The Center for Reproductive Rights has released its online World’s Abortion Laws map for 2011. The center has produced the map since 1998 “to visually compare the legal status of induced abortion in different countries — and to advocate for greater progress in ensuring access to safe and legal abortion services…
Al Jazeera examines maternal mortality in Afghanistan, which “remains one of the worst places to be a mother,” 10 years after the beginning of the U.S. war in Afghanistan and “[d]espite billions of dollars in aid and considerable progress.” In an accompanying video, the news service reports, “One in five children born in Afghanistan dies by the age of five, and the statistics for mothers aren’t good either.”
The Guardian examines China’s one-child policy and its impact. The newspaper writes that “the description of the system as a ‘one-child policy’ is misleading. Most married women in China have the chance to bear two offspring, but the entitlement to breed beyond a solitary child is determined by a complex set of rules” and factors. In fact, the policy’s “countless adjustments over the past 30 years have created a mind-bogglingly complex system that touches on everything from contraception and sterilization to pensions and tax incentives,” according to the Guardian. The newspaper notes that “across all of China, the government claims there would be more than 300 million more children without the family planning policy” and that “the nation’s population is forecast to peak around 2030,” leading “many [to] say the family planning policy had outlived its usefulness.” It also describes the policy’s effects in Henan Province, which “claims some of the greatest successes in taming demographic growth through its family planning policies” (Watts 10/25).
Several opinion pieces respond to a report (.pdf) presented on Monday to the U.N. General Assembly by Arnand Grover, U.N. special rapporteur for the Right to Health, that “considers the impact of criminal and other legal restrictions on abortion; conduct during pregnancy; contraception and family planning; and the provision of sexual and reproductive education and information,” according to the report summary. The report also states, “Realization of the right to health requires the removal of barriers that interfere with individual decision-making on health-related issues and with access to health services, education and information, in particular on health conditions that only affect women and girls. In cases where a barrier is created by a criminal law or other legal restriction, it is the obligation of the State to remove it” (8/3).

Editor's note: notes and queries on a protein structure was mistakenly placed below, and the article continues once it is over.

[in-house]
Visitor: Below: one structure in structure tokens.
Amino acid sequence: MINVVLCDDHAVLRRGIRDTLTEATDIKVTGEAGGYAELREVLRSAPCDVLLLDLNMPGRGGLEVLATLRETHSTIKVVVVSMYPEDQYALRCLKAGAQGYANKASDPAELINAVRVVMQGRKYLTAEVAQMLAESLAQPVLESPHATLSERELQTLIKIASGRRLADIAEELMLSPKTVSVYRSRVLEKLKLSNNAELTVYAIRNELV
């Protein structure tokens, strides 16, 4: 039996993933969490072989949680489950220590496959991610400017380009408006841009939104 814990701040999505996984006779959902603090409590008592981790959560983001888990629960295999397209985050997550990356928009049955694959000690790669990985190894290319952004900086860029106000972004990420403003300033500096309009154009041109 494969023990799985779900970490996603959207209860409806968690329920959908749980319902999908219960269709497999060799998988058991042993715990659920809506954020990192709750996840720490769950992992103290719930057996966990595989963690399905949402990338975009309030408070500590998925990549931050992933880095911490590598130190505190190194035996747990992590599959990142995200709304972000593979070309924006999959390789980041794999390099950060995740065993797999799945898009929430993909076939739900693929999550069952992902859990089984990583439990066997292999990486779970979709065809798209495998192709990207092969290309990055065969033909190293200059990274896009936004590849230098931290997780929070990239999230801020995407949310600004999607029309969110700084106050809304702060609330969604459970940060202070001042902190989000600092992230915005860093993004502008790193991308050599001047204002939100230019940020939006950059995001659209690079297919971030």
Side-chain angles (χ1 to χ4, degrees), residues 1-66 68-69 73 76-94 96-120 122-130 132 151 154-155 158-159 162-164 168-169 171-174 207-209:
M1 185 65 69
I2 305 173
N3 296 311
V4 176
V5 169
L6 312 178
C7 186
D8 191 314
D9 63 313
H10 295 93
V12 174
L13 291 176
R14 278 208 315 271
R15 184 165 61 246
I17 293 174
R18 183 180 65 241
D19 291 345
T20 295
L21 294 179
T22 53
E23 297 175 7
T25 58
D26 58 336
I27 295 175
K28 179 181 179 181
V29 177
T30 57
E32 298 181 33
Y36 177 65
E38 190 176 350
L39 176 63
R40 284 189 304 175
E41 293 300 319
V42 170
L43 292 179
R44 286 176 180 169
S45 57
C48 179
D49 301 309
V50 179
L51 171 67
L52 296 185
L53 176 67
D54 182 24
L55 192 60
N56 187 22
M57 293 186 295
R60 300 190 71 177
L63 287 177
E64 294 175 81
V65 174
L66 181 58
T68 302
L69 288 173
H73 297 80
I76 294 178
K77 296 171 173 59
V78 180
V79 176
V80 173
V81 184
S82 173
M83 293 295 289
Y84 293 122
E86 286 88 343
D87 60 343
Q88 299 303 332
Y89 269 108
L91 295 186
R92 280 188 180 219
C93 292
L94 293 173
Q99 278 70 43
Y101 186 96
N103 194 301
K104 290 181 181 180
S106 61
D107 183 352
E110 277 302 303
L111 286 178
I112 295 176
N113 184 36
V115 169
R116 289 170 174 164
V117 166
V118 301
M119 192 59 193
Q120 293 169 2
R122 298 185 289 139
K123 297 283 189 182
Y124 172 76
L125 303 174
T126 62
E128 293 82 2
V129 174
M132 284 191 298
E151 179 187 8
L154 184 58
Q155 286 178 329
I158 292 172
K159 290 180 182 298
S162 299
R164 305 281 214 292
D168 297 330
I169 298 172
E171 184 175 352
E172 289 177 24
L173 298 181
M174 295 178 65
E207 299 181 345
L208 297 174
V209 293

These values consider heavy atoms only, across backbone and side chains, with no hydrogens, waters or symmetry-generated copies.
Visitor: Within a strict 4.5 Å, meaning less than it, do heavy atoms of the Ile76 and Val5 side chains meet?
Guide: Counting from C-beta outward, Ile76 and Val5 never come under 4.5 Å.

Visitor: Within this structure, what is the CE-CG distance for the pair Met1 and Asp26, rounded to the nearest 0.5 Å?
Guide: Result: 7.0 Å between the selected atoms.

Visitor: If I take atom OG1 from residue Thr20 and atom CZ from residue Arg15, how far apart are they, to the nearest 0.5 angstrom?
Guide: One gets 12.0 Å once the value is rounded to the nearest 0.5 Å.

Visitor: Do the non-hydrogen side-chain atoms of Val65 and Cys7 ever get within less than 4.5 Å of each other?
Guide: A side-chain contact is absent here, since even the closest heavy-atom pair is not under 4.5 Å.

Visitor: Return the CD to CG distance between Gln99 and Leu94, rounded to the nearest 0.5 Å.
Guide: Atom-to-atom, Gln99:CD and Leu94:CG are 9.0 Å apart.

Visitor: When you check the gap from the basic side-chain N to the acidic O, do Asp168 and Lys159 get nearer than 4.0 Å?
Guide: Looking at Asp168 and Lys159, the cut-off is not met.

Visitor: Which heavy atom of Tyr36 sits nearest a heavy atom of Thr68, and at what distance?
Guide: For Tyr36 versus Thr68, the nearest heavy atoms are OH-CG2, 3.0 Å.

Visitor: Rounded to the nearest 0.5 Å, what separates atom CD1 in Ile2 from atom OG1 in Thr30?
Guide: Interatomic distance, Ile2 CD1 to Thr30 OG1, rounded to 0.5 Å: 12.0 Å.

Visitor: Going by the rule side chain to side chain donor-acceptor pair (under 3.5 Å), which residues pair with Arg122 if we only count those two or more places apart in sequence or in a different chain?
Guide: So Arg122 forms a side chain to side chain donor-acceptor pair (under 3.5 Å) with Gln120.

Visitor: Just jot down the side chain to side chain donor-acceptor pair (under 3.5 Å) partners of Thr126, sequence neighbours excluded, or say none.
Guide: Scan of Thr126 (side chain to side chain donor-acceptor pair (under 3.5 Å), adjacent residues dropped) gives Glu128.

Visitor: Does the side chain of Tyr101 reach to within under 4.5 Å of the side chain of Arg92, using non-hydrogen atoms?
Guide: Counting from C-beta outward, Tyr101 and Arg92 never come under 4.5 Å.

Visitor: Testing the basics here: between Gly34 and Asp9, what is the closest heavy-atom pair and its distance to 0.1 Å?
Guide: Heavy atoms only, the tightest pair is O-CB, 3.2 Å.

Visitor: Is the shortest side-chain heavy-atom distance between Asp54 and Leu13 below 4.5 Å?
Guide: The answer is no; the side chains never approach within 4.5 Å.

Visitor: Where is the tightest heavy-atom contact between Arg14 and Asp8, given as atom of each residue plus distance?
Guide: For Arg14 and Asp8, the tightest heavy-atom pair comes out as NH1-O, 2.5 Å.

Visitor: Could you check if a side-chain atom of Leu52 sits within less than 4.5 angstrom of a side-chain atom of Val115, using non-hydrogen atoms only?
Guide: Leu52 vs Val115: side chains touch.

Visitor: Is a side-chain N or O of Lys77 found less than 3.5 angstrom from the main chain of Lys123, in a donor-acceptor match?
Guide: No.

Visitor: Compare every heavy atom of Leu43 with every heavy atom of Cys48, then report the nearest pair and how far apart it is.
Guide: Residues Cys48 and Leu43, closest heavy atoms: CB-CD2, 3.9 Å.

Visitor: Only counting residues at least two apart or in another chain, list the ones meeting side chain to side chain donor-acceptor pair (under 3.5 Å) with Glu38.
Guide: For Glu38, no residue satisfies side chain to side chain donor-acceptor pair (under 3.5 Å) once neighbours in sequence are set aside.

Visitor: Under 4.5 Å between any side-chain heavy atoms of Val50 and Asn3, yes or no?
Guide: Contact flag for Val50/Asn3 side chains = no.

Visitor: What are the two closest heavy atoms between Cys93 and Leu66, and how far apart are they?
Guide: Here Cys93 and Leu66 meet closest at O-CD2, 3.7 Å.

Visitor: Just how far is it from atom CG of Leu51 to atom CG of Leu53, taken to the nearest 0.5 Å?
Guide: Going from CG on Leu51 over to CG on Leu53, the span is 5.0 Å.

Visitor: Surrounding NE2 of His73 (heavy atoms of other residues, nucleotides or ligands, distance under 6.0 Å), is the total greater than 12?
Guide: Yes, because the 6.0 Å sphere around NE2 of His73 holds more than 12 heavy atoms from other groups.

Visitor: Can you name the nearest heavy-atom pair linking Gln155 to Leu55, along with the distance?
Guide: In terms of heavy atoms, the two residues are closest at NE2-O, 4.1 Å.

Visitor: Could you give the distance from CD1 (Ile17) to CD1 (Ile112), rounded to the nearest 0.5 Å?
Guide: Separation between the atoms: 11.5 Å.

In this post on USAID’s “IMPACTblog,” Amanda Makulec, a monitoring and evaluation associate with John Snow Inc., discusses “the Alliance for Reproductive, Maternal, and Newborn Health, which was born over a year ago to support progress towards MDGs four and five in 10 priority countries, including Bangladesh, Ethiopia, India, Indonesia,…
In his BBC News column, medical correspondent Fergus Walsh examines maternal health, fertility, myths surrounding contraception, and gender equality in Zambia, which “has one of the world’s fastest growing populations.” With the nation’s population expected to triple to 39 million people by 2050 and reach 100 million by 2100, “[t]he potential problem for Zambia is that the population increase is so rapid that the government may struggle to keep pace. Those under 16 need education, healthcare and homes but they are not yet contributing to the economy. Zambia can barely feed 13 million people so how will it cope in the future?” Walsh writes (10/24).
Data from lab experiments published online by the journal Cell Host and Microbes last week show that the gel form of the antiretroviral tenofovir, which is being investigated as an HIV prevention method, works to inhibit the reproduction of herpes virus in tonsil and cervical tissue, the New York Times reports.
In this post on the State Department’s “DipNote” blog, U.S. Global AIDS Coordinator Ambassador Eric Goosby writes about the Together for Girls Partnership, an initiative that “generates a powerful advocacy platform to stop sexual violence by supporting countries’ efforts to fully understand and cope with the scope of the epidemic.”…
University Kicks Off Campaign To Collect Mobile Phones To Help Fund Maternal Health Programs In Congo, Nepal
On Tuesday at George Washington University in Washington, D.C., Chelsea Clinton, board member of the William J. Clinton Foundation, and Christy Turlington Burns, founder of Every Mother Counts, helped launch the GW + Phones = Hope campaign, which is “working with the national nonprofit Hope Phones to collect phones to benefit maternal health programs in Democratic Republic of Congo and Nepal,” the “GW Hatchet” blog reports (Ferris, 10/18).
IRIN examines maternal and child health in “conflict-afflicted eastern Myanmar, [where] until recently obstetric care was often crude, unsterile and dangerous for both mother and child, health experts say.” To address high rates of maternal and infant mortality in the region, “in 2005 several CBOs, the Center for Public Health and Human Rights at Johns Hopkins University, and the Global Health Access Program launched the Mobile Obstetric Medics (MOM) project — dramatically boosting access to care,” IRIN writes.